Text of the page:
|Re: [cdt-dev] Make Target View|
I came up with enhanced dialog, could you take a look and share your thoughts about it? The most significant part is a relation of a Build Target to Configuration and Project Builders. How does it fit to overall concept and does it connect well to Managed Build?
We had a similar desire: https://bugs.eclipse.org/bugs/show_bug.cgi?id=224640 . Our Make Target dialog is almost identical to yours -- we have a grouping for tying the Make Target to a particular build configuration. Presumably you put in some additional infrastructure to run the Scanner Discovery builder in the context of the specified configuration?
Consider my email rather as invitation to discussion, kind of collecting requirements thing. I wanted to make improvements to the Make Target dialog and discovered a bunch of related ussues in Bugzilla. I suppose if we consider majority of user requirements and redesign the view commiters would put it to CDT 5.X? Or would they? It does not seem that many patches were accepted in this area recently.
While the above worked, I didn't submit a patch due to the massive performance problems I encountered. Make targets are most useful for people who do not have a single 'make all' target which builds their tree.
I would think that most people using make targets are using it for the reason that they already have makefiles, i.e. people working with legacy projects and trying to use eclipse niceties as C/C++ editor and error parsers. I believe that a typical situation in this case a project root folder makefile/makefiles and perhaps folder level makefiles.
They may have multiple targets that build the same files with different -Ds and -Is producing different binaries. It's then natural to tie some target(s) to a given configuration. I did this using the PerFileSICollector -- not wanting to make any assumptions on what was defined / undefined on per file basis. The resulting cproject file grew to a few megabytes in size, with any subsequent operations on the Project model taking 10s of seconds using hundreds of megabytes of memory. I had Eclipse taking >1min to load the .cproject file and start up, and was experiencing OOM exceptions doing simple things like changing a build setting.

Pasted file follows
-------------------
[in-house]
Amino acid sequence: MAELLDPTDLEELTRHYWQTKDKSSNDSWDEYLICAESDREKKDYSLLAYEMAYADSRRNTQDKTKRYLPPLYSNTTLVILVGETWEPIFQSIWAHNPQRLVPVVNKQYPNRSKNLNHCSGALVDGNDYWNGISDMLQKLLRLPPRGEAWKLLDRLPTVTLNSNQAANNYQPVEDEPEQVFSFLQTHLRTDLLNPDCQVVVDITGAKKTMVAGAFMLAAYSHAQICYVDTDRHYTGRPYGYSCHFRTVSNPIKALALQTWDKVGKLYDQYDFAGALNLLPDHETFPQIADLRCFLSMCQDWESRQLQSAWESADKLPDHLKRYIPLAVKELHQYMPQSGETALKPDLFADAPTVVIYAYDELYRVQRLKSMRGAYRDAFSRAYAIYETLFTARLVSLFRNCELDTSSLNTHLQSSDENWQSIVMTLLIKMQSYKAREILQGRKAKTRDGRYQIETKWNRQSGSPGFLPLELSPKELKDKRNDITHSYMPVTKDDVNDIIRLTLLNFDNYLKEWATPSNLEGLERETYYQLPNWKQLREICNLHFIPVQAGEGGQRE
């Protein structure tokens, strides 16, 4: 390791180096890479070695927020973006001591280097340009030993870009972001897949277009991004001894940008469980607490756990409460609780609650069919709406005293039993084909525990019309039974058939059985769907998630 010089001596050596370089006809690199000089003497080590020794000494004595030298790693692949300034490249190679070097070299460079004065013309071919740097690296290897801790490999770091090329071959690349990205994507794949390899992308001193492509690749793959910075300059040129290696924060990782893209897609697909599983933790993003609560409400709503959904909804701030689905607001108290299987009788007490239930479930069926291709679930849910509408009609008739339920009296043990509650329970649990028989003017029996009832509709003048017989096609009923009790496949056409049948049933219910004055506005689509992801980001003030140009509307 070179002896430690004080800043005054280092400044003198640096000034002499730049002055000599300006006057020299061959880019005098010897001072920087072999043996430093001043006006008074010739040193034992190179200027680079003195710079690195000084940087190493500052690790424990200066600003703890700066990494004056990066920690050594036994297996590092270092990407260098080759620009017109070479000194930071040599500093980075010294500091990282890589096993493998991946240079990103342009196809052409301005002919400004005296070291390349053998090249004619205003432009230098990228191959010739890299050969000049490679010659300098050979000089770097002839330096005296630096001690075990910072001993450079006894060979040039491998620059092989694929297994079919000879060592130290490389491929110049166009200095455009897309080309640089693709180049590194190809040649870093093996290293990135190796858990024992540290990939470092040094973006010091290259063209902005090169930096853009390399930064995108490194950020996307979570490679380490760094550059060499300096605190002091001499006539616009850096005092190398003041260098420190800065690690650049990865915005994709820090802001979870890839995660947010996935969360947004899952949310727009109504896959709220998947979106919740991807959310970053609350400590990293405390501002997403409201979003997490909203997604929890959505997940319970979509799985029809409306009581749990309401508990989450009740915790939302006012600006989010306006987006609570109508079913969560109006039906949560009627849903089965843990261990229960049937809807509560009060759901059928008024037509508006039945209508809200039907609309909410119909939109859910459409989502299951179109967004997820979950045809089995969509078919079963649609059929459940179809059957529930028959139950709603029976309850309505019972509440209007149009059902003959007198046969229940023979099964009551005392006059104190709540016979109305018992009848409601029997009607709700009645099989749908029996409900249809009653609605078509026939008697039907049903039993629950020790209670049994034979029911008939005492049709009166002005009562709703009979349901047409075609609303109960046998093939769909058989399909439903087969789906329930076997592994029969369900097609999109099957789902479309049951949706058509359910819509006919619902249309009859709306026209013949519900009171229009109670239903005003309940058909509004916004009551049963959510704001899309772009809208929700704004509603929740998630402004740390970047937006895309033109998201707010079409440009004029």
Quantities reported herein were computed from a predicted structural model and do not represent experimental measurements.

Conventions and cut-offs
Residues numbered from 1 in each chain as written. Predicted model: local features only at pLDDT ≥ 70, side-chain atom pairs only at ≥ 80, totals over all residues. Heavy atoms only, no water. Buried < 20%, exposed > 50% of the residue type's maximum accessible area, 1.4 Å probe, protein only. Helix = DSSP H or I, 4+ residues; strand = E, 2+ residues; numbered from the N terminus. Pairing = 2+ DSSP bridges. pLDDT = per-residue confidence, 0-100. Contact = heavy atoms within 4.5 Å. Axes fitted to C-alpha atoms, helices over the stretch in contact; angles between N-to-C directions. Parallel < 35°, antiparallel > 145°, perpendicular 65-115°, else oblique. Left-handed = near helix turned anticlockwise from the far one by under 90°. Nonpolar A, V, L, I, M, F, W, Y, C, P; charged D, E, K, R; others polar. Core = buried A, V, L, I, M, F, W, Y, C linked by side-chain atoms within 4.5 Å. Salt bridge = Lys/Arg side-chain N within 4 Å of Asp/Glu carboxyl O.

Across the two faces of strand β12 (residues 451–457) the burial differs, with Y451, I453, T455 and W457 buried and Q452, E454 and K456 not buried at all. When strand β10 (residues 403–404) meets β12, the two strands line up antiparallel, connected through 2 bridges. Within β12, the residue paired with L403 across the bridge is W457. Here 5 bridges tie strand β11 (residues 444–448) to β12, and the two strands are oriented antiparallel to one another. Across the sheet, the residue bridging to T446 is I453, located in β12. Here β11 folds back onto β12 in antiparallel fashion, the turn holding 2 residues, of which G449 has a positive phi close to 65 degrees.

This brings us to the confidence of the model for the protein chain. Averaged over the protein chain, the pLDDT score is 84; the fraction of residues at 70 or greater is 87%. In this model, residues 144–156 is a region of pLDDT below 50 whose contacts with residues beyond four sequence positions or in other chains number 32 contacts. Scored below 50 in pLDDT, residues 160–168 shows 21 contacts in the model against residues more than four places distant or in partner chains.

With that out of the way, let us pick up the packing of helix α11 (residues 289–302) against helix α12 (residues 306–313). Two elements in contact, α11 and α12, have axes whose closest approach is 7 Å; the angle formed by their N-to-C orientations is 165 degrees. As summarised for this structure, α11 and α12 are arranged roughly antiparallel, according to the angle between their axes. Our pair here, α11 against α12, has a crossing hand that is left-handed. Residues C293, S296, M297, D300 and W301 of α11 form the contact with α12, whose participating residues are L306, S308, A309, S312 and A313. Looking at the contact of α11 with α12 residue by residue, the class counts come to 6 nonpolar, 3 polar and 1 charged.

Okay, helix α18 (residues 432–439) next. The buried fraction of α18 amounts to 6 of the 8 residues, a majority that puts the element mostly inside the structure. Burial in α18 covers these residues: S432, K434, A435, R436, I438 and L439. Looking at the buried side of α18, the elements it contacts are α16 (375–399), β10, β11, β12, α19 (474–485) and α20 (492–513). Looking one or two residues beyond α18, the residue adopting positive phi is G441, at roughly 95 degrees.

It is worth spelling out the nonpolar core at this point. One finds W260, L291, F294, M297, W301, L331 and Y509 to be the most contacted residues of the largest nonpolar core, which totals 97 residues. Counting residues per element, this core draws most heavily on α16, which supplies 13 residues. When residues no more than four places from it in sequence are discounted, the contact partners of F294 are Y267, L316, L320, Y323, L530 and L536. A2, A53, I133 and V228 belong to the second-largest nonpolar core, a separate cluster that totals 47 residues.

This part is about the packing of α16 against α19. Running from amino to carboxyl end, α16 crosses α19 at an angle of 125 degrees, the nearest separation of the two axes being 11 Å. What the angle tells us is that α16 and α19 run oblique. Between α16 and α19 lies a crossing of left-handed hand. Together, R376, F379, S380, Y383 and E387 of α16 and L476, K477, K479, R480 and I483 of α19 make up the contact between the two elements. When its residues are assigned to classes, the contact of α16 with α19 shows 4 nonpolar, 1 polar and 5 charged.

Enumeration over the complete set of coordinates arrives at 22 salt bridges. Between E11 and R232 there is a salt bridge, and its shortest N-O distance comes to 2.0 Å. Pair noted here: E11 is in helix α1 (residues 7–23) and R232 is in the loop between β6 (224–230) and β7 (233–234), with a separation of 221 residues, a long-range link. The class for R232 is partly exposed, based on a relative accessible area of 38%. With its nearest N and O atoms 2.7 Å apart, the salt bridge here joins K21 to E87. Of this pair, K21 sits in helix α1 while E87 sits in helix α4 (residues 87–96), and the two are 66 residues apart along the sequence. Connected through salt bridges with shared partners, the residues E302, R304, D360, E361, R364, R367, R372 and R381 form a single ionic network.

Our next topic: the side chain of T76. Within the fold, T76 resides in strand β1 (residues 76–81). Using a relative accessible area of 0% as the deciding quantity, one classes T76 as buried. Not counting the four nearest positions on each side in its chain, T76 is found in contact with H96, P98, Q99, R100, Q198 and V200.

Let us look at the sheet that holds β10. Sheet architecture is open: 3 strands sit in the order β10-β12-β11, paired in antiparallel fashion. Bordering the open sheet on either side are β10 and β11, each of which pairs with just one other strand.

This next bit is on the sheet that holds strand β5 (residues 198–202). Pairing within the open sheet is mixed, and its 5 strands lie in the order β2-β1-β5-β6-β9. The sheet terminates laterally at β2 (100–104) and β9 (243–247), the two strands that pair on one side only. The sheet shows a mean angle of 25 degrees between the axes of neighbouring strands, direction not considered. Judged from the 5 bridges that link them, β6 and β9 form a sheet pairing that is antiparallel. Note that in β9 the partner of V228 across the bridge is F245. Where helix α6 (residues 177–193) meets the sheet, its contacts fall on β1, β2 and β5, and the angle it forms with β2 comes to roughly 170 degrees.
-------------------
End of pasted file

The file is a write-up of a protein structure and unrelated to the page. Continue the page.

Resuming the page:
Why do you tie a configuration to a single file? Naively thinking, there would be not more than a few logical groups of -Ds, -Is and $ENVs and each group you'd assign to a configuration, no? Do you have a separate makefile or make target for each file?
The result was I gave up, and did this instead https://bugs.eclipse.org/bugs/show_bug.cgi?id=236872 .
Have you experienced serious issues with scalability doing what you're doing? Are you using the PerProject or PerFile collector? I'd be very interested to know if and how you got this working successfully...
Well, I'd say we face rather different kinds of challenges. We compile remotely on AIX and locally+remotely on Linux. Editing is done on Linux or Windows, sending remotely via rsync. We use our own build system based on gmake. It got its own scalability issues compiling hundreds/thousands of files but this is a different story... CDT and Eclipse help tremendously, very impressive work.